News / Middle East

Pentagon: Iran Continues Nuclear Weapons Push, Supports Extremists

David Dyar

A new U.S. Defense Department report on Iran's military power says the country continues to pursue nuclear weapons and ballistic missile capabilities, and to sponsor violent groups in several parts of the world.  But the head of the Defense Intelligence Agency says Iran is not likely to launch a direct attack on the United States because that might result in the fall of the current regime.

The first formal Defense Department report on Iran's military capabilities says the Tehran government's main goal is its own survival, and determines the leadership has therefore adopted a primarily defensive military strategy, including high-technology defenses aimed at detecting and stopping a sophisticated attack.  

But the report also says Iran continues to work toward developing a nuclear weapon and increasingly long range missiles.  It notes that Iran has run into some problems at its main uranium enrichment facility, but says a new facility is expected to come on line next year.  The report does not estimate when Iran might be able to produce a nuclear weapon, but U.S. officials, including the director of the Defense Intelligence Agency, Lieutenant General Ronald Burgess, say it could be soon.

"The general consensus -- not knowing, again, the exact number of centrifuges that we actually have visibility into -- is we're talking one year," he said.

But General Burgess also says U.S. intelligence agencies do not know whether Iran's leaders have formally made the decision to actually build such a weapon and he says because the regime is interested in its own survival is unlikely to initiate a conflict intentionally or launche a preemptive attack.

The report says Iran is also working hard on its ballistic missile capability, and claims to have a new missile with a range of 2,000 kilometers.  It says Iran has also made improvements in the accuracy and payload capacity of its missiles, and estimates the country could have a missile capable of reaching the United States by 2015 if it gets some foreign help.  The report says Iran already has short range missiles that can hit neighboring countries, and U.S. forces in the region, with conventional warheads.  And it says Iran has improved the defenses that protect its missile launch sites.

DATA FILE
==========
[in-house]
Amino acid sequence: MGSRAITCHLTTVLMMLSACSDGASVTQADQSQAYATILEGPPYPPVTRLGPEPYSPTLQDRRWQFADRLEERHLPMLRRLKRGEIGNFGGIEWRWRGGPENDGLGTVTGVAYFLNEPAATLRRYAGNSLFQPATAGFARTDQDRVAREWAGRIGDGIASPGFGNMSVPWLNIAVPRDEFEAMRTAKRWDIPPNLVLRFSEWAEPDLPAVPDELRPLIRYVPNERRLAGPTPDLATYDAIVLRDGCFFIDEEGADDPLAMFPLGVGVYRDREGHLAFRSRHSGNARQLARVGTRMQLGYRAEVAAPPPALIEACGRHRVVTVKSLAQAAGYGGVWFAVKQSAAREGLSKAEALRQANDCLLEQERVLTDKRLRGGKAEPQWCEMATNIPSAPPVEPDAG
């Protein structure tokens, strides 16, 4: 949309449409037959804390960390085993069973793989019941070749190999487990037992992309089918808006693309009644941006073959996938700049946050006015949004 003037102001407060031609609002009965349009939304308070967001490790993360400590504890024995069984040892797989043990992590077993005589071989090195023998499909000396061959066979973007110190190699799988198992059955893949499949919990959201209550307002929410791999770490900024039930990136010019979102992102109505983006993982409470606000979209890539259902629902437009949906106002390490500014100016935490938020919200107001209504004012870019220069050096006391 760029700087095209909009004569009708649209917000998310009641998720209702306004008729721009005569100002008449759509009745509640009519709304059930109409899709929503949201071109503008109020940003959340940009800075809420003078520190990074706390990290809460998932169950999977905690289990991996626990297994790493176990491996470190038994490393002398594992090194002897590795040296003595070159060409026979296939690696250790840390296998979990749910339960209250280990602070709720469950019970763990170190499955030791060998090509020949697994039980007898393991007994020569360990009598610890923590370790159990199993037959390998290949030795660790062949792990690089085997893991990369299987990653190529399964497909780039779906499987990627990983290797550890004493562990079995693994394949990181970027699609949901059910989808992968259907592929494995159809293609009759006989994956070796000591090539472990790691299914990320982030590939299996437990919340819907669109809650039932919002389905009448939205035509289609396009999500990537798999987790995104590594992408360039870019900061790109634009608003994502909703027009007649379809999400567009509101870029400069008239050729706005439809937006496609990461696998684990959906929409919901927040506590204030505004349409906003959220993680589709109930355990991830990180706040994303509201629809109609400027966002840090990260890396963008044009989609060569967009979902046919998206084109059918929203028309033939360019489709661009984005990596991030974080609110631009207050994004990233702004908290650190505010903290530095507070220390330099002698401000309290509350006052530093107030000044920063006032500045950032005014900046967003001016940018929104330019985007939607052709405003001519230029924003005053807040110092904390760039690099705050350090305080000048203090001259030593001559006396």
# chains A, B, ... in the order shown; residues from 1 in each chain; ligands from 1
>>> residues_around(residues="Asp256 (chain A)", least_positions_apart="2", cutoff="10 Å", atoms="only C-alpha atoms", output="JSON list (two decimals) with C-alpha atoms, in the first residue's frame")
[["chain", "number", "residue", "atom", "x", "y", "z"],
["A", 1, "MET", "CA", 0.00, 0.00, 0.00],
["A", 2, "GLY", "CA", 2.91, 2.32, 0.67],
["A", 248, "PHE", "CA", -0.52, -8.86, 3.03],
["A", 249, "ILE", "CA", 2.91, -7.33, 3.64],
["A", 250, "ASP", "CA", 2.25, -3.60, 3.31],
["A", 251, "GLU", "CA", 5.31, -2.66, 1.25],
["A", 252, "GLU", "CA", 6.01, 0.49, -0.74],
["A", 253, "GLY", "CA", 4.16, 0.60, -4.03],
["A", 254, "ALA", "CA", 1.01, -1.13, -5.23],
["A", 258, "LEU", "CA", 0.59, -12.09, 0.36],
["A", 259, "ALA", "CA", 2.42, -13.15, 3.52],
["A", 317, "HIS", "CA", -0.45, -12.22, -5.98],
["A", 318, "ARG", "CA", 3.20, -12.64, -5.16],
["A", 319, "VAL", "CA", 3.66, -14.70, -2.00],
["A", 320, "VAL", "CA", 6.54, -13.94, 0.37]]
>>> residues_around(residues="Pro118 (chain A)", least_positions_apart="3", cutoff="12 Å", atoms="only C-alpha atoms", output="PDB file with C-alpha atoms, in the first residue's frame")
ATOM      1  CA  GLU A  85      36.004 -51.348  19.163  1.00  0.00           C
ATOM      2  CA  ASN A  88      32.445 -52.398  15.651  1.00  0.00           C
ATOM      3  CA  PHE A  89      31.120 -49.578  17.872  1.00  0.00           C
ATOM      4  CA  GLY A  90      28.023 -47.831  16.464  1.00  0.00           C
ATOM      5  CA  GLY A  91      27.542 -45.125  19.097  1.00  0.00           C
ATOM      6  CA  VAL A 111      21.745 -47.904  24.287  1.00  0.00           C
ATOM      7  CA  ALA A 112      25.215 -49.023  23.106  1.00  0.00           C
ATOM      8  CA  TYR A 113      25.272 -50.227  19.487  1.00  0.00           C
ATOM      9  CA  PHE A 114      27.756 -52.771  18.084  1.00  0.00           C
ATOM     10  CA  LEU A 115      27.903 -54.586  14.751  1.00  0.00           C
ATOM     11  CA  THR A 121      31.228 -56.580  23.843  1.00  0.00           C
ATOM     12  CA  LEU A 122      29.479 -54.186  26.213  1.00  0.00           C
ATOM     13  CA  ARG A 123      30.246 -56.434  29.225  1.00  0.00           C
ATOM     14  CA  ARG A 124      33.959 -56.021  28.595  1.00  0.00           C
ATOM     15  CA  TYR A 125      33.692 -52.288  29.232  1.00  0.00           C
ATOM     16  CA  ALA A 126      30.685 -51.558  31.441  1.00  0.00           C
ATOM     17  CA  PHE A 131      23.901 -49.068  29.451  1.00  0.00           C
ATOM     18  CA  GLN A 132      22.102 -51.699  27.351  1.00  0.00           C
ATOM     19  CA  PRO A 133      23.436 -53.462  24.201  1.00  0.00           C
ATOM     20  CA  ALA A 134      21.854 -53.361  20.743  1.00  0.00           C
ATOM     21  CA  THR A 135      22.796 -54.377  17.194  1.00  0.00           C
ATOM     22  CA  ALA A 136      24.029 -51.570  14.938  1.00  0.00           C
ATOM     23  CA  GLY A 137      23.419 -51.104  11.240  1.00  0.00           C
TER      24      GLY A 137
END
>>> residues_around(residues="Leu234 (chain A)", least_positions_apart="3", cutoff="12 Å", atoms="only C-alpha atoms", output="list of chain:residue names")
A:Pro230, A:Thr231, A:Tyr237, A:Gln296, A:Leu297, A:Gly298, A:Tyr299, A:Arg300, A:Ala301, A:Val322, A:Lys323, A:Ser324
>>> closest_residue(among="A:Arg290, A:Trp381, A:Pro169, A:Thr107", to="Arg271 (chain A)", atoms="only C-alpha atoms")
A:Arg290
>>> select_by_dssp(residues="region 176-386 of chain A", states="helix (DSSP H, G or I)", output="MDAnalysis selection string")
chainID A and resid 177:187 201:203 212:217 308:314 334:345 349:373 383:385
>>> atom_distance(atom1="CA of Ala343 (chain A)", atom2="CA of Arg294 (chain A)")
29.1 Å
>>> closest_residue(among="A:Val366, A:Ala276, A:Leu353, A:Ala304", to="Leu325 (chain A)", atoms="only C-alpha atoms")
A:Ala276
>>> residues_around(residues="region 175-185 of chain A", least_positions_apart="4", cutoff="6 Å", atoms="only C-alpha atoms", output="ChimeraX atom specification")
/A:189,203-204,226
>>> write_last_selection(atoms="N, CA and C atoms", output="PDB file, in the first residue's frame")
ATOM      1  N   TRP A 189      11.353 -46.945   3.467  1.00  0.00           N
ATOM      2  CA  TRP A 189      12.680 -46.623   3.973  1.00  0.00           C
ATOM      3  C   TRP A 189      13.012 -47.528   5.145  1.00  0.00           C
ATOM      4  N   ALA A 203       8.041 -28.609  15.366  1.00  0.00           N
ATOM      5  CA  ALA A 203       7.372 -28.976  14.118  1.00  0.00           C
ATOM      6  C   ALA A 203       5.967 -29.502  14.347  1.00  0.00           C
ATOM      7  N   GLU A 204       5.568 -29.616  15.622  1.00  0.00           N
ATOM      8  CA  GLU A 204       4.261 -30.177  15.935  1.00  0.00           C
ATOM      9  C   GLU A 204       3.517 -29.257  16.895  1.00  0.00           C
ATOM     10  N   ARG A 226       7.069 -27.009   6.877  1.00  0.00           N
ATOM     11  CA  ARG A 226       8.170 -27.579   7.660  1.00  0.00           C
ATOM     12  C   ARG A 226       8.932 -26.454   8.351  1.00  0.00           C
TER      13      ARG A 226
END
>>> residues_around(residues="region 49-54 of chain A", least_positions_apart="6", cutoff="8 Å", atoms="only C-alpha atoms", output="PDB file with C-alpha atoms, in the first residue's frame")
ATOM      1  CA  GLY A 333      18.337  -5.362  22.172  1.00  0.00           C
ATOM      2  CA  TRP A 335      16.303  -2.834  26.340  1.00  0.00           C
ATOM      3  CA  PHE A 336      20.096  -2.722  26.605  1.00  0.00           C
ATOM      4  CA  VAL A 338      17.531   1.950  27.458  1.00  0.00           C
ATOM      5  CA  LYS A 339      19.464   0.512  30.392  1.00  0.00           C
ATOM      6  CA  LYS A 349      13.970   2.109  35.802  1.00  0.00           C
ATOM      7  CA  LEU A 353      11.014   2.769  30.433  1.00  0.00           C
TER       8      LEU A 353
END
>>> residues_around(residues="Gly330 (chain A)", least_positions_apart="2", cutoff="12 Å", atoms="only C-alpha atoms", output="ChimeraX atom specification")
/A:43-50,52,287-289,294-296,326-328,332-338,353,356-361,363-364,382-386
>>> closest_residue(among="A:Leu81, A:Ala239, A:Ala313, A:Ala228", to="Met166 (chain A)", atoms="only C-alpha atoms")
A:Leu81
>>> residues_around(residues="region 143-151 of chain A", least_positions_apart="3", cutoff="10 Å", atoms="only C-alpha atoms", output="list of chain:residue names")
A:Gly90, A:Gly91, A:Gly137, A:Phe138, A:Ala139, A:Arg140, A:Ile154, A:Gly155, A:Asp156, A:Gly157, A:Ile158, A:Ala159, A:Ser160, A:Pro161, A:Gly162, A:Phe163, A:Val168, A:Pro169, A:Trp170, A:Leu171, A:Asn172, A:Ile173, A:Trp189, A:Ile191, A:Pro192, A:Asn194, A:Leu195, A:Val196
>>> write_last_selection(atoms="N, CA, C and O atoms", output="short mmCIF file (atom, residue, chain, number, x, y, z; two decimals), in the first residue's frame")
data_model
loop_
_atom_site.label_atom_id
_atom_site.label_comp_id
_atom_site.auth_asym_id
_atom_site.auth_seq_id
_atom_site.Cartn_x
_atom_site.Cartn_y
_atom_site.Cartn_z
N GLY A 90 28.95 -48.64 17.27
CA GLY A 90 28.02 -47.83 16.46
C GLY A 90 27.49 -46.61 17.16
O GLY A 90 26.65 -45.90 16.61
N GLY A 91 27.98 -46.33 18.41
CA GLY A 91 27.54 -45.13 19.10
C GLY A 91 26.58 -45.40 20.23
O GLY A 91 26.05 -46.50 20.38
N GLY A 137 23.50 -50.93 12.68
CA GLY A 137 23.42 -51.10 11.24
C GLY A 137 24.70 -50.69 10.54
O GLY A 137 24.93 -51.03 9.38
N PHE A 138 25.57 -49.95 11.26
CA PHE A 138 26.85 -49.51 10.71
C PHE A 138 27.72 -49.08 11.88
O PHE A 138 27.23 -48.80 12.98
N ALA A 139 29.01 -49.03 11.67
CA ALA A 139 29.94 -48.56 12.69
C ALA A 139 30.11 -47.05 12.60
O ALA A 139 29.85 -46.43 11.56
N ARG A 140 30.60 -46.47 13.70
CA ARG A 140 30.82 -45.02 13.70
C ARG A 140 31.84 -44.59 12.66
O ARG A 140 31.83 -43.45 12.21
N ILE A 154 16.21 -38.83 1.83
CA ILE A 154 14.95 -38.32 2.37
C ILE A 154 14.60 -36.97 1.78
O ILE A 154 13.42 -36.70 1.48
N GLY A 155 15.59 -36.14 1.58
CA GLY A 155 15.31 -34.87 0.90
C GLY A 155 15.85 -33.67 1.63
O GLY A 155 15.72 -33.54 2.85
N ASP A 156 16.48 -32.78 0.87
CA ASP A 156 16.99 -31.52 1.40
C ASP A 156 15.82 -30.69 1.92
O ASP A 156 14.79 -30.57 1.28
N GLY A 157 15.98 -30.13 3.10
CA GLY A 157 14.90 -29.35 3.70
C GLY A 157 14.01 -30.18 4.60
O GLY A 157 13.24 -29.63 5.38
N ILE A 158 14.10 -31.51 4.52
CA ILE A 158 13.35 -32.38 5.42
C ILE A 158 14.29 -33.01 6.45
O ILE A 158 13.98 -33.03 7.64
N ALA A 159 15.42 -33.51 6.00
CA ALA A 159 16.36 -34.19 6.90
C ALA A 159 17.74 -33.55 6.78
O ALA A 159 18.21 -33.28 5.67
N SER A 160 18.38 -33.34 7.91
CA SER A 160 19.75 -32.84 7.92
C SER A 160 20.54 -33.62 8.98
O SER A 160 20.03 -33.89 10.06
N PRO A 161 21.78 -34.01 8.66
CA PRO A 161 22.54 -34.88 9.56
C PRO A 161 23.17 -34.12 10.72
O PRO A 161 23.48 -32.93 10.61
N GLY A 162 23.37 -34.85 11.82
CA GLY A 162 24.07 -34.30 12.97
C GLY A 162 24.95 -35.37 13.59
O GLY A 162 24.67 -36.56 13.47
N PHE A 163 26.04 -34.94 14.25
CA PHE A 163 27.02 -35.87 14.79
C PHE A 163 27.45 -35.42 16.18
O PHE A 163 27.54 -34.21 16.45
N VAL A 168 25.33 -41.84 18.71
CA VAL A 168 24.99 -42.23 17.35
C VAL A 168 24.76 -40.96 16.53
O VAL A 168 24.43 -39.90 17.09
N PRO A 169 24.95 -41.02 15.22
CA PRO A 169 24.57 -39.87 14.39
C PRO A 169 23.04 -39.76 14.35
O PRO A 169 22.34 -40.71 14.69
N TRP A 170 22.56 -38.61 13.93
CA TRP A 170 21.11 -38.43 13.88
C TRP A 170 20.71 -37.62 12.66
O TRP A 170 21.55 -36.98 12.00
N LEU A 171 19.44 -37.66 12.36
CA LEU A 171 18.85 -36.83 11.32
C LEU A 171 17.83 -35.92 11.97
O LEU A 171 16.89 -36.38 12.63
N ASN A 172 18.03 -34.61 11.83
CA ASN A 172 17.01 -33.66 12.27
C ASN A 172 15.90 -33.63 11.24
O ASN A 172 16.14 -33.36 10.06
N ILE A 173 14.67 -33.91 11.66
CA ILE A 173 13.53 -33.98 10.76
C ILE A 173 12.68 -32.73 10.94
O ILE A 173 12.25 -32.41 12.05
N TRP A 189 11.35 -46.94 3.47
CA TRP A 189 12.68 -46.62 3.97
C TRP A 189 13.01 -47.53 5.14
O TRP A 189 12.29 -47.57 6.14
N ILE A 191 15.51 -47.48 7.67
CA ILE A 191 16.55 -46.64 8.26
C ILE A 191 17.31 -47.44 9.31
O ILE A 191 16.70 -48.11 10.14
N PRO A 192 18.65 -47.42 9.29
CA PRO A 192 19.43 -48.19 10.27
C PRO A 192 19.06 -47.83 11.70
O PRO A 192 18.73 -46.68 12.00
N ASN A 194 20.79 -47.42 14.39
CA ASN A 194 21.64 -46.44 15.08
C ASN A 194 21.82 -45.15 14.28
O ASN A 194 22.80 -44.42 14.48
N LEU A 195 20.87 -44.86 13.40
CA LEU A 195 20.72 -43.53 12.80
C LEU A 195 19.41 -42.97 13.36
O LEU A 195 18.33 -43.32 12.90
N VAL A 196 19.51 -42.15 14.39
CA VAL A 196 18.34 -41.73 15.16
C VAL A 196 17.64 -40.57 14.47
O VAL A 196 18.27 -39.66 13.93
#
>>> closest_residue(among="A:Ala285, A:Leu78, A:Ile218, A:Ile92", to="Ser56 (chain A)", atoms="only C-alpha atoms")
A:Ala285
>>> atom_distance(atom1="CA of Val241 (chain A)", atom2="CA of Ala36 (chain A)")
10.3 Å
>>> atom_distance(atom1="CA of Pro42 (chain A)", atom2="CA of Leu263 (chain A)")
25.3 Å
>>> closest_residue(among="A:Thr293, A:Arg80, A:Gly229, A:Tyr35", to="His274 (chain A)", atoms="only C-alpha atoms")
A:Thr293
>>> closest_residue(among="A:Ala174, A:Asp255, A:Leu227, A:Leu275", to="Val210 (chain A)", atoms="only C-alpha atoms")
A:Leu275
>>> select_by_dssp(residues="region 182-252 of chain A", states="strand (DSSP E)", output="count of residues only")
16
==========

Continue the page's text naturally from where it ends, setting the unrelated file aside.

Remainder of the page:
The report also says the Iranian government pursues a policy of subversion through extremist groups abroad, particularly in the Middle East.  But the report says Iranian agencies have built "operational capabilities" elsewhere, too, in recent years, even as far away as Venezuela.  It does not provide details.

But before U.S. Defense Secretary Robert Gates visited Latin America last week, a senior defense official speaking on condition of anonymity said although Iran has "deepened" its relations with a few countries in the region, its influence is not widespread.   The official cited deepening Iranian relations mainly with Venezuela and Bolivia, but also to some extent with Ecuador, Nicaragua and Brazil.

In testimony last week before a U.S. Senate committee, Lieutenant General Burgess described Iran's activities abroad this way. "One principal tool employed by Iran is the active sponsorship of terrorist and paramilitary groups to serve as a strategic deterrent and intimidate and pressure other nations. This includes the delivery of lethal aid to select Iraqi Shia militants in Iraq and the Taliban in Afghanistan," he said.

General Burgess said such activities are handled by Iran's elite, semi-independent Quds Force.  There has long been uncertainty about how much of the Force's activities are directed by the government.  But General Burgess said the Force does not operate entirely on its own.

"I think what I would say in this setting is that as I laid out in the testimony, the Quds Force, the IRGC folks, that there is some -- some control that is directed from on high. How much and within what bounds that is put on them is not something I'm prepared to go into detail on.  So when we say not a rogue force, they are not truly totally independent operators. There is some cognizance on high," he said.

The Defense Department report says the Quds Force continues to support insurgents in Iraq, and to a lesser extent in Afghanistan, even as the Iranian government pursues state-to-state relations with the U.S.-supported governments in those countries.

On Wednesday, Pentagon Press Secretary Geoff Morrell said Iran is subverting the Iraqi and Afghan governments even as it builds official relations with them. "Clearly Iran is, when it comes to Iraq and Afghanistan, they continue to be duplicitous -- at some levels wishing to engage with the government, at others trying to undermine their authority, their sovereignty," he said.

But Morrell says the Iran power report, released this week, is mainly a compilation of information and analysis already made public by the Defense Department and other U.S. government agencies. "I frankly don't think that anything that was shared in the report, and I read it last night, would strike anyone in this building as new, and therefore would require an adjustment in the approach we have been taking within the building or frankly the inter-agency, the government as a whole, would be taking, toward Iran."